USATE 08 rounds four and five: The case for two sections

Simple Minds’ team rating (average of four players) was 2049. Here are our opponents’ approximate team ratings by round:

1  1700     won 4-0

2  2197      lost 1.5-2.5

3  1500      won 4-0

4  1700       won 4-0

5   1750     won 3.5-0.5

Bear in mind that the first two rounds use accelerated pairings, the upshot being higher-rated opponents than we would otherwise face. The pairings revert to normal in round three, so unless you have a perfect score you always experience a big dropoff there. But by round 5, you’d hope for something closer to your own rating.

As Greg K said afterwards, I know it’s somewhat counter to the spirit of the thing, but I’d rather see them split it into two sections. You could call the top one a Pro-Am.


3 thoughts on “USATE 08 rounds four and five: The case for two sections

  1. That would also quiet the people who think that there should be a maximum 1000 point rating difference between boards 1 and 4; however, even though I’ve never played at the USATE, I think it should stay one big section. Or make it G/60 so there could be more rounds and less claustrophobia at the top. I mean, isn’t G/60 more in the spirit of amateurism than those “slow” time controls?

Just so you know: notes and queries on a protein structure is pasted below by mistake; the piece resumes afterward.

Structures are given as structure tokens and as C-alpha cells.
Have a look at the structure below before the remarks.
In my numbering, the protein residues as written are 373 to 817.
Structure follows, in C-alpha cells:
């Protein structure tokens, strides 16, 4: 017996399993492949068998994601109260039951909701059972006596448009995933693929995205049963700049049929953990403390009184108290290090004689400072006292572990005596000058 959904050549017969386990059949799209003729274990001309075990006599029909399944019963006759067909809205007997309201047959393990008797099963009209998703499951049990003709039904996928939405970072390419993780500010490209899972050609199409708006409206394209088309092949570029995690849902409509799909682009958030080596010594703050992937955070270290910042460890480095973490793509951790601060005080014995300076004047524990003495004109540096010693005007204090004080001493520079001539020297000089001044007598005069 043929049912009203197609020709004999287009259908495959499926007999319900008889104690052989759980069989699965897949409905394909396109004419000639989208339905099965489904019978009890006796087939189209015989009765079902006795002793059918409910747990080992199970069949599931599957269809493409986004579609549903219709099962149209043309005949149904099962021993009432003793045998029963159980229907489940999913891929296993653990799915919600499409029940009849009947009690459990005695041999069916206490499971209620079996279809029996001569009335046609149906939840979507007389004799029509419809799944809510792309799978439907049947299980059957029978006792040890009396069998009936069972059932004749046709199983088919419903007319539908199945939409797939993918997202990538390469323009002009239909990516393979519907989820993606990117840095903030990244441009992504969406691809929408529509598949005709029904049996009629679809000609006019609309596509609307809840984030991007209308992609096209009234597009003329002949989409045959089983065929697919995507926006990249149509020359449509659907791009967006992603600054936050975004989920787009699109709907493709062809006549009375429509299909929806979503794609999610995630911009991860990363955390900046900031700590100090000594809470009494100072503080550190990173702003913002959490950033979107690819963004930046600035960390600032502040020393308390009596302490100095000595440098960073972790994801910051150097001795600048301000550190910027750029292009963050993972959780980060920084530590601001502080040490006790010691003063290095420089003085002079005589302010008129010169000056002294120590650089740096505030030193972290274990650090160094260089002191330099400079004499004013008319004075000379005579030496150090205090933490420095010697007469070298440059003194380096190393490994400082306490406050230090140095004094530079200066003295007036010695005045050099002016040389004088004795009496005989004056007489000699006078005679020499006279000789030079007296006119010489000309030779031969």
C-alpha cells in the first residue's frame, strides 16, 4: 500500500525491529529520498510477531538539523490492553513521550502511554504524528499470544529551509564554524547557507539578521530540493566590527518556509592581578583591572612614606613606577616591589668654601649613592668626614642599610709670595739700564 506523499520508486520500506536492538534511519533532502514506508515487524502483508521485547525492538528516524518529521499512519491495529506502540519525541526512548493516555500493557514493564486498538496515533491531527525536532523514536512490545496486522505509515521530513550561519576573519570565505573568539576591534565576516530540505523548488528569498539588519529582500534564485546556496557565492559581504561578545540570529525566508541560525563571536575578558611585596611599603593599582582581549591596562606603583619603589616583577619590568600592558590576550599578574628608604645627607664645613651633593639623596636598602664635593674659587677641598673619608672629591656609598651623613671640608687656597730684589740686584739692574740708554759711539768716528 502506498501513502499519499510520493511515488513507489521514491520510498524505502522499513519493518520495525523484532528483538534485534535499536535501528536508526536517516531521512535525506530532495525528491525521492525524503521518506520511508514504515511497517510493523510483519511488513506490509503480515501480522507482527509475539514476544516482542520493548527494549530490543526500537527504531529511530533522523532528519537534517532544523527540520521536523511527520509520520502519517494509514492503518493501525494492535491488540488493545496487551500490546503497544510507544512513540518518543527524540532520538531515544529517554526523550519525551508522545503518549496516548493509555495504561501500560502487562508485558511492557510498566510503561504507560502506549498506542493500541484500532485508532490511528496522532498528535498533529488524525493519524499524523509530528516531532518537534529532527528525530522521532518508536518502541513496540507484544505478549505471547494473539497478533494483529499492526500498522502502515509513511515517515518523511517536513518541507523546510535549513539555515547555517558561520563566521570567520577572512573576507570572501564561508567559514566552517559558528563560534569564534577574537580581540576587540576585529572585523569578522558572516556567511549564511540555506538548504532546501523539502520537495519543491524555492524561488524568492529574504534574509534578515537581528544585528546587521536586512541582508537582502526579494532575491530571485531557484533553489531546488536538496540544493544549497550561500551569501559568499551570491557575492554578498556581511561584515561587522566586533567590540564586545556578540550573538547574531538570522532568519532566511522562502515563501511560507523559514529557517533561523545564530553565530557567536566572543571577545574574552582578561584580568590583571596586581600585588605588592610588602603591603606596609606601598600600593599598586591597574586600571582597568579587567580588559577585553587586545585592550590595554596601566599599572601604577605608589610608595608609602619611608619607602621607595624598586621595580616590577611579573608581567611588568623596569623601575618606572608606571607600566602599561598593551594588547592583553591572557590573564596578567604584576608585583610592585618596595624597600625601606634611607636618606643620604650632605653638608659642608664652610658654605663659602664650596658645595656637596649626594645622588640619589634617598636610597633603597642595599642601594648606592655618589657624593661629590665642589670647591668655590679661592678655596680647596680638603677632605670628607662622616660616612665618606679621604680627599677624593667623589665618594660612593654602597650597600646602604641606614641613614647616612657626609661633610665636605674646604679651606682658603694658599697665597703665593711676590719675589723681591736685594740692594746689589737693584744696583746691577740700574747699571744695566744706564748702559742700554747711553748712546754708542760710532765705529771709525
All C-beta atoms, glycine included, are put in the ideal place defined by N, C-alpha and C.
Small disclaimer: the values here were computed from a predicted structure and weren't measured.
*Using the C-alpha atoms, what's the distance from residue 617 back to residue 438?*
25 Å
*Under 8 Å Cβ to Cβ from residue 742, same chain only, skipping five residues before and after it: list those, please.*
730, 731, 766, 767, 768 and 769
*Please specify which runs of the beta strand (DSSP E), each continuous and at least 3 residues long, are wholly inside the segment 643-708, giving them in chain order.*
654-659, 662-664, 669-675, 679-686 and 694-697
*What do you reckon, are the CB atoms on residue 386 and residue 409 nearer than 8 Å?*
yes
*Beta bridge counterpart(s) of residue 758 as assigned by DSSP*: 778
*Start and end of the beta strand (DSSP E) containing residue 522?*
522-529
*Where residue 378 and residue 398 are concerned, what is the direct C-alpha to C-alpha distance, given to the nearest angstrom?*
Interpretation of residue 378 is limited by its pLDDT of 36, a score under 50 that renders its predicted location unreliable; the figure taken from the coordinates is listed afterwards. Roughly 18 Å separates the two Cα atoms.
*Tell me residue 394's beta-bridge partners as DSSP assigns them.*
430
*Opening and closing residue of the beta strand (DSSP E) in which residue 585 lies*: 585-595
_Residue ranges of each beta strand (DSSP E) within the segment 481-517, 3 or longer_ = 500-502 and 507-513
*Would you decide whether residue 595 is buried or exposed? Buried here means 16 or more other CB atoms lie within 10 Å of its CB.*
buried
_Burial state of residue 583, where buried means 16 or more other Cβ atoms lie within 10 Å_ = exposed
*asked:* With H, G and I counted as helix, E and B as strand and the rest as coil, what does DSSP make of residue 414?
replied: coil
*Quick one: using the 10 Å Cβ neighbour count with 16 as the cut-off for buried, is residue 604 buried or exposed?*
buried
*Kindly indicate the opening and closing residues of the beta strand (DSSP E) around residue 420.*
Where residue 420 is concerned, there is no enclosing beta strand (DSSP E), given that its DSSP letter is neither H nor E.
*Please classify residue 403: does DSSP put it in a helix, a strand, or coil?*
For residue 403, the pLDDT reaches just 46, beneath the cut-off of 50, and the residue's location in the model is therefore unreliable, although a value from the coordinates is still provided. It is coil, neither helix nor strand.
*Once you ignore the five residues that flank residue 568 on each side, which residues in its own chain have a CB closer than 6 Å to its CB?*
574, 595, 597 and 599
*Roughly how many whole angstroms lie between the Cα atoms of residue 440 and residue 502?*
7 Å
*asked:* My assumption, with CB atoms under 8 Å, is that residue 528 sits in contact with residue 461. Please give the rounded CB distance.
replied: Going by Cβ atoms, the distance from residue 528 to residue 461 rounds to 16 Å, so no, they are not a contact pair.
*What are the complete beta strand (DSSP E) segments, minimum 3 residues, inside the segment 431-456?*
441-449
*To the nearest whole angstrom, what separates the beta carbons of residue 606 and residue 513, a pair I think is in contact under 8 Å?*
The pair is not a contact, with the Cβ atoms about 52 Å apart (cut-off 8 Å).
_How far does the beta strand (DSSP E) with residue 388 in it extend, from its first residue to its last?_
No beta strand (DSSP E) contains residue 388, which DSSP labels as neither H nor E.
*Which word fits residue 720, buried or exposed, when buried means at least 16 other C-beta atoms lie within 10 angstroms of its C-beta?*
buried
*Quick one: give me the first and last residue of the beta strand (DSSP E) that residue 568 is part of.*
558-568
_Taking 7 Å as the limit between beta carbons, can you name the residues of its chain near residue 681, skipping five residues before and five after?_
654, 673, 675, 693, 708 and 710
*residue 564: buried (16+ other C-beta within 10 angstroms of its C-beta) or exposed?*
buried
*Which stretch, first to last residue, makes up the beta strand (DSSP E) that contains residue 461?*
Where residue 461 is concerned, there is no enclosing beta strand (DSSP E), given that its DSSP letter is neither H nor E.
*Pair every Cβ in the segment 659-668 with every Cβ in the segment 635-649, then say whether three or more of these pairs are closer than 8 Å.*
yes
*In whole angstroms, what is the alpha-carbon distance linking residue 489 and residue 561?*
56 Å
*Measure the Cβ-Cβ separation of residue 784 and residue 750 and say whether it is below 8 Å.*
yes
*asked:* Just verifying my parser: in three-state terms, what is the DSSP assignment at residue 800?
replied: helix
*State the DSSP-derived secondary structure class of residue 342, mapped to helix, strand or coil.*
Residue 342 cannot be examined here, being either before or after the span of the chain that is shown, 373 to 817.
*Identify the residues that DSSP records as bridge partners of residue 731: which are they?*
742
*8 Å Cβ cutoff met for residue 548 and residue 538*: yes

2. Not to me. G/60 is more in the spirit of “faster”. That’s it. I love slow chess because I am slow, not because it’s more (or less) professional.

    My sense based strictly on conversations with various opponents was that the 3 GM lineup was not widely embraced. But all these rule proposals are strictly a matter of opinion and preference, not right and wrong. It wasn’t cheating, or unethical, or anything of the sort. “Most amateurs didn’t like it” is probably as good a definition as we’ll get for “the spirit of amateurism” in this context.

  3. This is not exactly a hot-button issue for me, for the reasons Derek gives. That said, I think that the 3-GM team definitely violates “the spirit of amateurism” however one defines it because the team simply did not have a single player that could reasonably be called an amateur (three professionals and a complete beginner).

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